Splatoon is at the forefront of Nintendo's rediscovery of the Wii U's GamePad, following a year in which it's been largely ignored by first-party games. Elsewhere on the show floor at E3, Miyamoto's own experiments show a more piecemeal approach, but Splatoon has built an entire game around the GamePad, its motion control and the space between the screens. A map on the GamePad shows your progress and the whereabouts of your team-mates, while when playing as a squid you're able to leap to their side simply by pressing their icon on the touchscreen.
"It wasn't exactly that creating this game was necessarily part of an overall movement to make more games that use the GamePad, but in the process of creating this game, using the GamePad felt like a very natural thing to do," says Nogami. "Even from the time of the prototype, being able to use two screens was absolutely necessary. Being able to at any instance see what's around you, but also the overall situation, that was absolutely necessary."
Sakaguchi, who up until this point has been silently, thoughtfully observing our interview, suddenly becomes animated. "The motion controls are very important! The ability to touch, and the super-jump - in order to make all that possible, you have to have the entire map displayed. That's because, one interesting part of this game, you have to be able to see how the ink is being spread out, and use that information to decide where you're going to go. They have to constantly make these decisions instantly. So if you want to build the game around having players making those decisions, you need to have the display there but also, through a very simple input, make that kind of decision. That's why we're using the GamePad as much as we are."
Sakaguchi is a man obsessed over the details, it seems - he's particularly proud of the sound the squid makes as it dives into the ink, the result of hitting slime again and again in the office until the team came across the right result - and it shows in the simple, joyous act of painting Splatoon's scenery.
"That whole action of spraying that ink, it's kind of an action, but it's also a way to make a decision," he says. "We kind of think of the TV being where the action happens, and the GamePad screen is where you make your decisions - what links that together is the action of painting the ink."
Splatoon is a messy game, then, built around the simple pleasure of slinging paint across the scenery, but as you'd expect from Nintendo it's a tightly choreographed, finely crafted brand of anarchy. Miyamoto's had a hand in directing that anarchy, pushing the young team towards a more defined mess. "He's definitely someone who's very strict when it comes to making things," says Nogami. "He'll come in and say, 'Is this really okay like this? Can you make it more fun?'
"One thing is the fact that as the characters are playing they'll get more and more covered in ink. Mr. Miyamoto wanted to make it more obvious, and more easy to see they were getting covered in ink. That's the kind of detail he gets very, very focussed on. He gets very particular about making it feel like you've had an experience - if you were painting something, you are going to get covered in paint. So in Splatoon you should have that same feeling - it makes the characters feel more sympathetic. The basic gameplay of spraying this ink around - it's kind of like vandals throwing tomatoes around. And if in the course of that you get some paint on yourself, you kind of feel you're going to let go and get involved yourself. It makes it more exciting."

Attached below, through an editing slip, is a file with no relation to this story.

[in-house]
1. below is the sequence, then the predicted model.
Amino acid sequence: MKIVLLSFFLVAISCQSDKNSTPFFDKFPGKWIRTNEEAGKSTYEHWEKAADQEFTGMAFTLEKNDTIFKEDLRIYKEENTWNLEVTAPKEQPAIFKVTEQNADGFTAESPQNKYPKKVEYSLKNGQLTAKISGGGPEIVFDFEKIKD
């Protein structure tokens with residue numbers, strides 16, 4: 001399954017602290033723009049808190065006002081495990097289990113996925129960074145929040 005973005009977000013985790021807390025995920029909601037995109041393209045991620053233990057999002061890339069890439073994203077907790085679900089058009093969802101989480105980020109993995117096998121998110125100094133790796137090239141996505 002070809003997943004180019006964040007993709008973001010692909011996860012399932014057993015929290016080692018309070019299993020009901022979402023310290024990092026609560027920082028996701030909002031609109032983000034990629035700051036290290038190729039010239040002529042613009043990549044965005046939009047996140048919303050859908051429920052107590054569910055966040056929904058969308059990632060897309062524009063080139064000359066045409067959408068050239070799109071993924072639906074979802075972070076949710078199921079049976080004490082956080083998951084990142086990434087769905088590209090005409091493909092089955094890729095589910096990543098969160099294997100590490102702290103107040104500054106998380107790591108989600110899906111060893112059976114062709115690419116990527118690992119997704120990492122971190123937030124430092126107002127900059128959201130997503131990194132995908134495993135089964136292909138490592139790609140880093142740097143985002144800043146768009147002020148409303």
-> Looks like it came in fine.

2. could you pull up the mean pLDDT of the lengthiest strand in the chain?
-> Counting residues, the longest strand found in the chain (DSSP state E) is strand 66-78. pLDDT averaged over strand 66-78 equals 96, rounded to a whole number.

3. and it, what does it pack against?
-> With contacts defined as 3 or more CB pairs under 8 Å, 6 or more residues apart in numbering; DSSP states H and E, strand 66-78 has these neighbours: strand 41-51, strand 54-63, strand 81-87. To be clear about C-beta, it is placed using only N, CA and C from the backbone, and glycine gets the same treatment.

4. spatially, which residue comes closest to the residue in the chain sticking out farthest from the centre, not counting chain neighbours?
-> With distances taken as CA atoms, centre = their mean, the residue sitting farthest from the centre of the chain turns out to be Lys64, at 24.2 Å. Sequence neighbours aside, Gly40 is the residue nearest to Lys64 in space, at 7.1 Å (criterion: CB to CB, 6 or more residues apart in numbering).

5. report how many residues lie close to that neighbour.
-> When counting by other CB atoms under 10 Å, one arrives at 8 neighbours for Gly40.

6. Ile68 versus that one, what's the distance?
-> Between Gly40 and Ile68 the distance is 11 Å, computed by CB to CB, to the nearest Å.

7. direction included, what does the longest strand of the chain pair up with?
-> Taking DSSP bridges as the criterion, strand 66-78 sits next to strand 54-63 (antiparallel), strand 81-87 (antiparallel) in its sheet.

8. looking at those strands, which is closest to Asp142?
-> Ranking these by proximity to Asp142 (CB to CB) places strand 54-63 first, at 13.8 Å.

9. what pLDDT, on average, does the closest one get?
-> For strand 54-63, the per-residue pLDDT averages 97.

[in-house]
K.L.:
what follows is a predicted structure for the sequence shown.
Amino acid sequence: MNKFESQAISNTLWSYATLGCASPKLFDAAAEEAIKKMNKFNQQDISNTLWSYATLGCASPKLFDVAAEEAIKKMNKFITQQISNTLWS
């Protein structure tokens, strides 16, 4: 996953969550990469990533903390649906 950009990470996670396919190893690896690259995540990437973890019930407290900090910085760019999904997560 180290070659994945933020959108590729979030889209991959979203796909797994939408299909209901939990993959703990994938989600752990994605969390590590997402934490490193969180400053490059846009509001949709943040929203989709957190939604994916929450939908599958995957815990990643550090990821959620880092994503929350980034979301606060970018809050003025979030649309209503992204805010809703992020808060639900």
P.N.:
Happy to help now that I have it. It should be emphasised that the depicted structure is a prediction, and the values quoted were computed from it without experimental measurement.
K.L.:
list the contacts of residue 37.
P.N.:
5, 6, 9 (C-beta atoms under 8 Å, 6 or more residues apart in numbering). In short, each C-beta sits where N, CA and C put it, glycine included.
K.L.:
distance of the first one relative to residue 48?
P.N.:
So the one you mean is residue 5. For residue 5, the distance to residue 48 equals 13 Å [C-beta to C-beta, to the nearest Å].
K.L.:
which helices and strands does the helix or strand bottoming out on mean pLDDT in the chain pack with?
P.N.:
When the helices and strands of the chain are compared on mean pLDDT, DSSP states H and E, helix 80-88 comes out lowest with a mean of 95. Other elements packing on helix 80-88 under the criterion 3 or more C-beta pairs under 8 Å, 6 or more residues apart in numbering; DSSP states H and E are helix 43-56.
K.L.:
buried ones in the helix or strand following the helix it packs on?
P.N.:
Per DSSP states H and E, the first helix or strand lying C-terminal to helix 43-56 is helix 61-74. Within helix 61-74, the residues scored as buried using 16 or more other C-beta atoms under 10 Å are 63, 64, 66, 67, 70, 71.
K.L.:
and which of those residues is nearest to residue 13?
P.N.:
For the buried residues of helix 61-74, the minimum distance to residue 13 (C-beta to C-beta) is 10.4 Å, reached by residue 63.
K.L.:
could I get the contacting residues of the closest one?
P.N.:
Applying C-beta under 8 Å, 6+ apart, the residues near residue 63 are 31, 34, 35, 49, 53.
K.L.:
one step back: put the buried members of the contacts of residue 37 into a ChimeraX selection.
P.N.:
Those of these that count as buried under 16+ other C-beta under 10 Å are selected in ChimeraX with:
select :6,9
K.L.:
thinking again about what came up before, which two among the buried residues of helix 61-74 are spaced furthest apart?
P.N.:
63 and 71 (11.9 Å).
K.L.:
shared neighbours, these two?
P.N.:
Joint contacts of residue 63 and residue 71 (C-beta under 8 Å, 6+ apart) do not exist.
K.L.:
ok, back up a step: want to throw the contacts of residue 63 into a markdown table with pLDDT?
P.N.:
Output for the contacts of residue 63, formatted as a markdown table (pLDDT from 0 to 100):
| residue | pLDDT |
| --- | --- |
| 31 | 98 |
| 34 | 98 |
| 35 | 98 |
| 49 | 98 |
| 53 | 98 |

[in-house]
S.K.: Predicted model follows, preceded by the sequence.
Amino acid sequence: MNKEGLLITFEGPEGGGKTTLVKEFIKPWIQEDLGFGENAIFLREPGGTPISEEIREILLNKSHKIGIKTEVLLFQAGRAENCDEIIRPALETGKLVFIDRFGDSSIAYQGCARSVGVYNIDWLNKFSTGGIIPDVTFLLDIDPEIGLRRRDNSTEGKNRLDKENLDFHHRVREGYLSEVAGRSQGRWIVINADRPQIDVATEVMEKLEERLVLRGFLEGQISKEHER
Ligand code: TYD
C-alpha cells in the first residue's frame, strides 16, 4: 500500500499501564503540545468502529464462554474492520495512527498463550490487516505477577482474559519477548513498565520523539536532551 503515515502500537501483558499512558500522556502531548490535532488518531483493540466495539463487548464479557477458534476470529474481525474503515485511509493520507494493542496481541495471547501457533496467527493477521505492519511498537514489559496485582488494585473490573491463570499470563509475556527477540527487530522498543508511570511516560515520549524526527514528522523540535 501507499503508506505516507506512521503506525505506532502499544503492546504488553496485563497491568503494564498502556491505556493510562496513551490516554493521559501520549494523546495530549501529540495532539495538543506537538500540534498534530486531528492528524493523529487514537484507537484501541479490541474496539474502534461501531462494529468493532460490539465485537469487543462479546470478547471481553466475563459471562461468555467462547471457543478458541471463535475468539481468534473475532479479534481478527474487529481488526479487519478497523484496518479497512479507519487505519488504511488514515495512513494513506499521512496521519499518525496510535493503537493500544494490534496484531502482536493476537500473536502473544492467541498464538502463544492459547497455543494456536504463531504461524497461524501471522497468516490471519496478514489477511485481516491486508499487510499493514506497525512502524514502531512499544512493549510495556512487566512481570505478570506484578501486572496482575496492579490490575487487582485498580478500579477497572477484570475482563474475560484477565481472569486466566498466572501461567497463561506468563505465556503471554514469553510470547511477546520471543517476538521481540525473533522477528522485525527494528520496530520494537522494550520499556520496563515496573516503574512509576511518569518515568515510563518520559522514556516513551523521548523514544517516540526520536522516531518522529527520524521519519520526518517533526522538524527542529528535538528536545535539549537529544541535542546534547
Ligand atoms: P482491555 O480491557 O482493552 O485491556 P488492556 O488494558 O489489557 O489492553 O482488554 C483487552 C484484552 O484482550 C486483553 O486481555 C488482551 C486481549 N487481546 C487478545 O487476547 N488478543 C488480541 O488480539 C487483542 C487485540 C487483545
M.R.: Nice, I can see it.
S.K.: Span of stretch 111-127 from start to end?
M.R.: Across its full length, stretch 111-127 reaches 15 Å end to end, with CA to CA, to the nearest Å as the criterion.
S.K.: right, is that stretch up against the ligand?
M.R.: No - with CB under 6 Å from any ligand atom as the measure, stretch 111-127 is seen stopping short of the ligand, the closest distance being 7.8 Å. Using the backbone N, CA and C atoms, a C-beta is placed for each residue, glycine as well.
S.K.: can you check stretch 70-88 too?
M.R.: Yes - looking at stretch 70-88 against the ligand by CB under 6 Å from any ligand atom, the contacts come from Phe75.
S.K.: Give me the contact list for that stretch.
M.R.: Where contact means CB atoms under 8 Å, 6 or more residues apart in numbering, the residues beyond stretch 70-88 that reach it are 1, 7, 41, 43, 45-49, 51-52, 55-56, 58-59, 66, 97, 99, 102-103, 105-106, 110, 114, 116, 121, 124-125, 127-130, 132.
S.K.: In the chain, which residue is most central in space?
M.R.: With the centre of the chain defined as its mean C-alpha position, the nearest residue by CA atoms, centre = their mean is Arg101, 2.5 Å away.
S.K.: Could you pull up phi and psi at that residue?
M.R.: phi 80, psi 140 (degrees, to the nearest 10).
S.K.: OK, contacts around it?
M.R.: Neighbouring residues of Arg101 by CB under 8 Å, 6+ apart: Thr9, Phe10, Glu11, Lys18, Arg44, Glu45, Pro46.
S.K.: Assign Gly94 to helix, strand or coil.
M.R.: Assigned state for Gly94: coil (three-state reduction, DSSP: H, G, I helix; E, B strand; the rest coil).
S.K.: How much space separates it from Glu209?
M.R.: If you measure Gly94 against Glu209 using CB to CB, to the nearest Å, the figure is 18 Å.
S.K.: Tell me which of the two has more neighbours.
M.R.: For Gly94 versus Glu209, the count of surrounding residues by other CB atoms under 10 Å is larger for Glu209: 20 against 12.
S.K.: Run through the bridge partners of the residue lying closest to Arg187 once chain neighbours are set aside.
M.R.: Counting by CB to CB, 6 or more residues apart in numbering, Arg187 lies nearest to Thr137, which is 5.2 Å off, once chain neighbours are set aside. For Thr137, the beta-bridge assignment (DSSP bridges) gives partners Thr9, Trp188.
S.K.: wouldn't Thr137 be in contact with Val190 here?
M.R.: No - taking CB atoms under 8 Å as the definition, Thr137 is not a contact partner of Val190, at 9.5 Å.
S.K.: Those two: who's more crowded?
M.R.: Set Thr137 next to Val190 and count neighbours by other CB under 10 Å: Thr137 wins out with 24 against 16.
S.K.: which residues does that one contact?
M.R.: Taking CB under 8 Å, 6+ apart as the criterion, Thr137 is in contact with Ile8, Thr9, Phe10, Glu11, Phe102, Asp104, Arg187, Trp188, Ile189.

What's really exciting, though, is seeing Nintendo discover worlds that it was previously closed off to - and how it's reinventing genres that have long become stale in the west. As ever, it's in the details, and how they all come together: how the paint splashes across surfaces, how your arsenal comprises of paint guns and rollers, and how grenades have been fine-tuned to a tee.The strange joy of useless machines Why great minds waste time.
"The time it takes a bomb to explode and how fast players can move - they are very much related," says Sakaguchi. "We want to make it so it's the perfect amount of time to just be able to get away. So if you have a bomb that comes on the edge of the screen and you notice it, you'll just be able to get away. We don't want to make it so you'll definitely die, or you'll definitely get away, but it'll always be close. The other things - that's all the kind of know-how we have from the years of making games at EAD.
"Sometimes, with the game design, we think about all these elements one at a time very, very seriously - that hasn't changed. And then the arc the shots make - that's not actually following real physics. We think about how long it should take, and what's the right amount of time it should take for it to feel good. That also involves the way the map is set up, and in terms of how long it takes to move and aim. All of that is connected, and we have to think about it all at the same time."
As is so often the case within Nintendo, Splatoon is an example of how countless little details are polished to perfection. It's about how one simple whole is the result of countless years of experience and hours of graft and thought that whir away just beneath the surface.
As our time draws to a close, Nogami smiles graciously when I thank him for all the hard work that goes on behind the scenes at Nintendo EAD. "Our job," he says, "is to make it so you never know."